Several House Education Committee members expressed skepticism Tuesday over expanding a popular scholarship to benefit adults returning to school.
The questions came as State Board of Education Executive Director Matt Freeman wrapped up an annual report to the committee on the usage and cost of the Idaho Opportunity Scholarship.
Last session — after a deep debate — lawmakers voted to increase funding for the scholarship and expand eligibility requirements to benefit adults who completed some college courses but dropped out.
Freeman told lawmakers that adults are applying for the scholarship and using it to return to school, but the rollout has been slow since the state expanded it to adults on July 1.
In the fall of 2018, 112 adults applied for the scholarship and 32 received money.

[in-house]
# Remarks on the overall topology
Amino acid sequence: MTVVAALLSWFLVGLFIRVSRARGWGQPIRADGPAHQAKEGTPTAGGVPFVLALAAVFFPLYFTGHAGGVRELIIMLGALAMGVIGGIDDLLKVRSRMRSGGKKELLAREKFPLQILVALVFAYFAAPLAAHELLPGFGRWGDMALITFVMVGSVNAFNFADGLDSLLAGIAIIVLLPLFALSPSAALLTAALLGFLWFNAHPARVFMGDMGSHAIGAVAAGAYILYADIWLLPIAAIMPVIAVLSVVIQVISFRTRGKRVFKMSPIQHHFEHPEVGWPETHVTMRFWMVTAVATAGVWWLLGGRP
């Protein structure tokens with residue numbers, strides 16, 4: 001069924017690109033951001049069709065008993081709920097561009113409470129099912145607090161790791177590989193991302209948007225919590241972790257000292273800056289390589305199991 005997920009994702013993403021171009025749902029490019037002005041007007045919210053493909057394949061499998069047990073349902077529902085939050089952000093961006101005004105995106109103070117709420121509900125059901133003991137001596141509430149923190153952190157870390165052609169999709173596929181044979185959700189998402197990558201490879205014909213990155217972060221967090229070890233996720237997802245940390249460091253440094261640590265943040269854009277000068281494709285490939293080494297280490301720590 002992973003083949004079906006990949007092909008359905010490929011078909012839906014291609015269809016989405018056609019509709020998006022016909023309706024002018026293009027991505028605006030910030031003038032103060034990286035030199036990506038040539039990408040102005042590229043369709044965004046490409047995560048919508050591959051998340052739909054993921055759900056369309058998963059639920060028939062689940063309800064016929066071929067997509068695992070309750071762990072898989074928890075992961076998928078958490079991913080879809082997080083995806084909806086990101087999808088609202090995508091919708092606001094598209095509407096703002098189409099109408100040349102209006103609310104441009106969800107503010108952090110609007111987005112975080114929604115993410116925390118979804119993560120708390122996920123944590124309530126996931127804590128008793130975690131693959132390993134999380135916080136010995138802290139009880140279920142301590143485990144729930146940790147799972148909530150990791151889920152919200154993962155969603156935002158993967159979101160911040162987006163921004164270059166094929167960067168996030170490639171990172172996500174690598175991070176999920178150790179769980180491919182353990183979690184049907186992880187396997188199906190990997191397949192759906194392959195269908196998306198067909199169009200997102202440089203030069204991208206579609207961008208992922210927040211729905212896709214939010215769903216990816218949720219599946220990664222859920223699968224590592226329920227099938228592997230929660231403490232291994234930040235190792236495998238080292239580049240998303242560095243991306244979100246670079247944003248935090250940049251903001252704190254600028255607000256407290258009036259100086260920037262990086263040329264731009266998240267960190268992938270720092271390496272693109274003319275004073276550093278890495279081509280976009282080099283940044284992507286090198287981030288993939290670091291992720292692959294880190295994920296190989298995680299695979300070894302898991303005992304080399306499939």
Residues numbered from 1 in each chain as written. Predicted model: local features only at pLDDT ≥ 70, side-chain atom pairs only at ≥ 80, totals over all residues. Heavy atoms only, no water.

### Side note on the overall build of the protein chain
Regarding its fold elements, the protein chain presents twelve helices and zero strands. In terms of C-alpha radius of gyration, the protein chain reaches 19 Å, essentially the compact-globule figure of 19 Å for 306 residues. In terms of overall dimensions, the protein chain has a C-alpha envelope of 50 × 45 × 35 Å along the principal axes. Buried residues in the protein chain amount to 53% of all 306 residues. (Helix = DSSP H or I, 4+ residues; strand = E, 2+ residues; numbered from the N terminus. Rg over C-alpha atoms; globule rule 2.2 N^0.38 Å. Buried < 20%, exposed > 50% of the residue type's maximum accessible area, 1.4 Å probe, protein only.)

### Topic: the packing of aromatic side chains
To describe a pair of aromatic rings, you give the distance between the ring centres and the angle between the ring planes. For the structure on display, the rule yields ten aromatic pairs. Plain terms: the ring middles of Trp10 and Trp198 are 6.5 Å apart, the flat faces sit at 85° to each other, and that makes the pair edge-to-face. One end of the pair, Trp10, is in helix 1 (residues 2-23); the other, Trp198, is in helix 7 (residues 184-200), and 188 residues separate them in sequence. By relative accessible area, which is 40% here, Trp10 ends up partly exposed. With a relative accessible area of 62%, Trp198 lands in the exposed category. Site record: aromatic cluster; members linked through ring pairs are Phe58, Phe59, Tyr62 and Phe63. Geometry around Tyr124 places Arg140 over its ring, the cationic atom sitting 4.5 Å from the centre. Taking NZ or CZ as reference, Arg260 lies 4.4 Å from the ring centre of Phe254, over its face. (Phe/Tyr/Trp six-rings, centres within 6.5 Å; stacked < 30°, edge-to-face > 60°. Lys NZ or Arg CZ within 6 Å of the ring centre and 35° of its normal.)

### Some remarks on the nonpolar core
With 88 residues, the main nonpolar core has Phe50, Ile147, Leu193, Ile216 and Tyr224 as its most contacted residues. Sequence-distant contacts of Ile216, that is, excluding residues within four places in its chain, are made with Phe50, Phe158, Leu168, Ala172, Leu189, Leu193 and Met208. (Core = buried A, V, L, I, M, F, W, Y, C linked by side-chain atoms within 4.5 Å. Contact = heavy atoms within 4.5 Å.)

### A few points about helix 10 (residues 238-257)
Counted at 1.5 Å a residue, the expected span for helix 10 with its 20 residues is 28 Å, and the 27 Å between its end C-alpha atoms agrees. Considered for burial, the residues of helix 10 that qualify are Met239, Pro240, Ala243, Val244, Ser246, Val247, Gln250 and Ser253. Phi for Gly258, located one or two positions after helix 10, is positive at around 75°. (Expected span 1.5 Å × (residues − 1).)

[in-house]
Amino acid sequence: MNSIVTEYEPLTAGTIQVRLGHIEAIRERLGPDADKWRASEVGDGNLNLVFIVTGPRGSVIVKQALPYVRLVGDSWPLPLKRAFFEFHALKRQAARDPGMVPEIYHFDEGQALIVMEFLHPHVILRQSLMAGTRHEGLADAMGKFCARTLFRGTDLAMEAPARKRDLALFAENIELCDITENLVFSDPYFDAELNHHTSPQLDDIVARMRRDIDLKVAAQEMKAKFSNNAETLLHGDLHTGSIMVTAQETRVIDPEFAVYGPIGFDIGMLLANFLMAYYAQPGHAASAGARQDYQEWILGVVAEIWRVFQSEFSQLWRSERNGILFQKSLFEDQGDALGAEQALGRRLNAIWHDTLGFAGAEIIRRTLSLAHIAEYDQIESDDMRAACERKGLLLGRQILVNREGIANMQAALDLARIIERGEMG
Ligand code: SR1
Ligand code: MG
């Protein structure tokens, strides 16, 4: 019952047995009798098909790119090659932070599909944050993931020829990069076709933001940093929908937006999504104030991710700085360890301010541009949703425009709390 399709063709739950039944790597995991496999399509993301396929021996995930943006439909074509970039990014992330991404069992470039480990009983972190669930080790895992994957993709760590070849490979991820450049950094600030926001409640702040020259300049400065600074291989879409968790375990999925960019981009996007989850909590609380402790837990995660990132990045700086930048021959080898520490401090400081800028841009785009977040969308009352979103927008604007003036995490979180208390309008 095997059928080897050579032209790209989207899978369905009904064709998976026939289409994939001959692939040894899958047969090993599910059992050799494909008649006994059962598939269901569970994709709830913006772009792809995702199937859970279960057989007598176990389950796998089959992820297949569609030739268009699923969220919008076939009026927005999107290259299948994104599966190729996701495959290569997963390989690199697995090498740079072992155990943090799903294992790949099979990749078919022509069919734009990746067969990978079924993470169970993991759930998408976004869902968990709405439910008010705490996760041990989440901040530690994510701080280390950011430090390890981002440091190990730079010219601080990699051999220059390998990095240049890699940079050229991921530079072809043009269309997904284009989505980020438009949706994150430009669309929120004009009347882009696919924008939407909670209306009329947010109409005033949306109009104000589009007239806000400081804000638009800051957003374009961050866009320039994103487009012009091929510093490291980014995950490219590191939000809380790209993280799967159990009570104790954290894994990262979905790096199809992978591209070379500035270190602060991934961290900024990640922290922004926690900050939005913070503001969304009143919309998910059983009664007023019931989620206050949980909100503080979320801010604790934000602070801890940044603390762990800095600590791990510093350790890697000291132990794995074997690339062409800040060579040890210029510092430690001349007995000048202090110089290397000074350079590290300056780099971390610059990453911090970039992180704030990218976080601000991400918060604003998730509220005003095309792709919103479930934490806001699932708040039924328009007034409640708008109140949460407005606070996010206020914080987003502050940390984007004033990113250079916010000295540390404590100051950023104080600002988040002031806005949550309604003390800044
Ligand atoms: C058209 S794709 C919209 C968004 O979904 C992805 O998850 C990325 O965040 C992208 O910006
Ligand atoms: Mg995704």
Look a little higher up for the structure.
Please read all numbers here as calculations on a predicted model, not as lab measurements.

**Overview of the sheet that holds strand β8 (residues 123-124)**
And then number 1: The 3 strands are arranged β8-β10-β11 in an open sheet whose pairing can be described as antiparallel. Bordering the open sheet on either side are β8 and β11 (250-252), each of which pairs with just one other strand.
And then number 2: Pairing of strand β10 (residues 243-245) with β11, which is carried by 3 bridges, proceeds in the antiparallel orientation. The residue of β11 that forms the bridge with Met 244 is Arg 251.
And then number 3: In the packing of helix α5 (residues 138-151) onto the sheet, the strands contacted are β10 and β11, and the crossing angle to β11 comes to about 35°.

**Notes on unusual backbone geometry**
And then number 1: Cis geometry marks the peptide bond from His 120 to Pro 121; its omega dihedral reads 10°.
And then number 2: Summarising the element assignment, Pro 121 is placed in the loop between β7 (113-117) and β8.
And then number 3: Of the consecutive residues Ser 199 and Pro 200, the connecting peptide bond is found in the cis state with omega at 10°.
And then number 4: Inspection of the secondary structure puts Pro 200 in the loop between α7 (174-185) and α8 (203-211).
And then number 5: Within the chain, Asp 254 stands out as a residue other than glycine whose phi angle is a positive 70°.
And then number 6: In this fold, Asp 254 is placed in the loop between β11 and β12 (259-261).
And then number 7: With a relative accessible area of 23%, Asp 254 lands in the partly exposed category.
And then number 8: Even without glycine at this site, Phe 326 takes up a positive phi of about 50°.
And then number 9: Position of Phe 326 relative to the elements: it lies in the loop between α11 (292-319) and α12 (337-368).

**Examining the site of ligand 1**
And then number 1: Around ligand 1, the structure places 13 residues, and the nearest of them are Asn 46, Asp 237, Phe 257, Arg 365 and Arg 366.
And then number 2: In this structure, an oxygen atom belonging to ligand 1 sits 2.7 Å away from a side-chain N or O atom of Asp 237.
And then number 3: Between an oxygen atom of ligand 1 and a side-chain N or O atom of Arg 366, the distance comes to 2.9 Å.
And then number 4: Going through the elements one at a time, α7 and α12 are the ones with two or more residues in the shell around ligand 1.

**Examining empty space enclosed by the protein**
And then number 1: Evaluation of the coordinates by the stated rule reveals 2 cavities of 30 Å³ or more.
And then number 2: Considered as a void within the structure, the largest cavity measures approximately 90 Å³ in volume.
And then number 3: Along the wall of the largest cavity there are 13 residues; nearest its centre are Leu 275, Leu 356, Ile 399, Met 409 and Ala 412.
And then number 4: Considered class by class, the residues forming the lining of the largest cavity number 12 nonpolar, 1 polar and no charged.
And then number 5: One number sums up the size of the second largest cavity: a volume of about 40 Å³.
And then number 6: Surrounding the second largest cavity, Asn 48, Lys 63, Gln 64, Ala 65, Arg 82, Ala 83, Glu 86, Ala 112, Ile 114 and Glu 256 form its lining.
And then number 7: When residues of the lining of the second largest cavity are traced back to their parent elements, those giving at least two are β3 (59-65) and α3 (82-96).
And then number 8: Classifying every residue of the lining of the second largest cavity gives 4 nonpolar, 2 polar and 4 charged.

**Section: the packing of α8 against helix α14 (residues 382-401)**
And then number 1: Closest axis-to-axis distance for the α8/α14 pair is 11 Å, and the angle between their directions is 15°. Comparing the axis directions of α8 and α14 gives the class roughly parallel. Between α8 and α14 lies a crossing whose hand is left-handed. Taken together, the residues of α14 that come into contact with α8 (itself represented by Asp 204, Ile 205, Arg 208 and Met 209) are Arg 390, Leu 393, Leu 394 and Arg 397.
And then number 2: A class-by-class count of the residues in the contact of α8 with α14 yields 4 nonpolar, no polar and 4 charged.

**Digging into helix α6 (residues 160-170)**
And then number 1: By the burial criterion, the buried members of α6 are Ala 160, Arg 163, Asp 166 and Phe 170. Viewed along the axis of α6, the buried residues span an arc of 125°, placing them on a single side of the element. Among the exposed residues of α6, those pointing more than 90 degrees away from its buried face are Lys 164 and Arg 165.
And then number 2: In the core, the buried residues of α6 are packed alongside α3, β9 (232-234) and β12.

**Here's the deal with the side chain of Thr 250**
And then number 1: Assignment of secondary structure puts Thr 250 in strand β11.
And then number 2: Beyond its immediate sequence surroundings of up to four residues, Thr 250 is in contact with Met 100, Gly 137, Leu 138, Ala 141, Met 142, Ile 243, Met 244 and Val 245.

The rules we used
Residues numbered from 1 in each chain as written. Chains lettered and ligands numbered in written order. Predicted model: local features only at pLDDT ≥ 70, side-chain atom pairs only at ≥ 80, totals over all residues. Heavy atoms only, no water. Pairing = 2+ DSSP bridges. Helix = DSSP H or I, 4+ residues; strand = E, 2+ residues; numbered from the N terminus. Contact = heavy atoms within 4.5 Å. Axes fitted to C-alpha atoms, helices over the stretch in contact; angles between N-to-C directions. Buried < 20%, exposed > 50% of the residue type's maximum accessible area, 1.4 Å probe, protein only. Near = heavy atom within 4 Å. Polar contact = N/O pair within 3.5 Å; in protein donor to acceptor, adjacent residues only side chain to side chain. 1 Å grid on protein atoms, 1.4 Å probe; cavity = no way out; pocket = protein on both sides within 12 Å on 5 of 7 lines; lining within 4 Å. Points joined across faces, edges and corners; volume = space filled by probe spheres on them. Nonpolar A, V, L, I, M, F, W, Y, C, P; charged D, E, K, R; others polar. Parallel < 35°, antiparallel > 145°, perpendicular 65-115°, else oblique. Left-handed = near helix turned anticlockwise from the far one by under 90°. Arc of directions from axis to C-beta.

So far in the spring of 2019, 188 adults have applied and Freeman estimated the state will award 39 scholarships.
Freeman set aside $1 million for the year to award scholarships to adults. In the fall, adults received $77,438, and Freeman estimates awarding another $50,000 in the spring. The rest of the $1 million will go back to the scholarship fund to benefit traditional applicants who are graduating from high school.
“We knew this would start slow, but we expect the pace to pick up,” Freeman said.
By law, adults can receive no more than 20 percent of Opportunity Scholarship funds.
Several legislators remain skeptical about expanding the scholarship to adults.
“How much are we going to spend to make this thing fly and, if not, get rid of it?” asked Rep. Dorothy Moon, R-Stanley.
Freeman said he has no state funding to promote the scholarship. But the board received a $400,000 Lumina Foundation grant which will be used, in part, to raise awareness about the benefit in rural counties.
Rep. Barbara Ehardt, R-Idaho Falls, complained the state is doing a disservice by not targeting the scholarship to adults who were on the cusp of graduating and fell only a few credits short.
Freeman said the scholarship is open to adults who have earned at least 24 college credits and maintained a minimum 2.7 GPA before stopping out.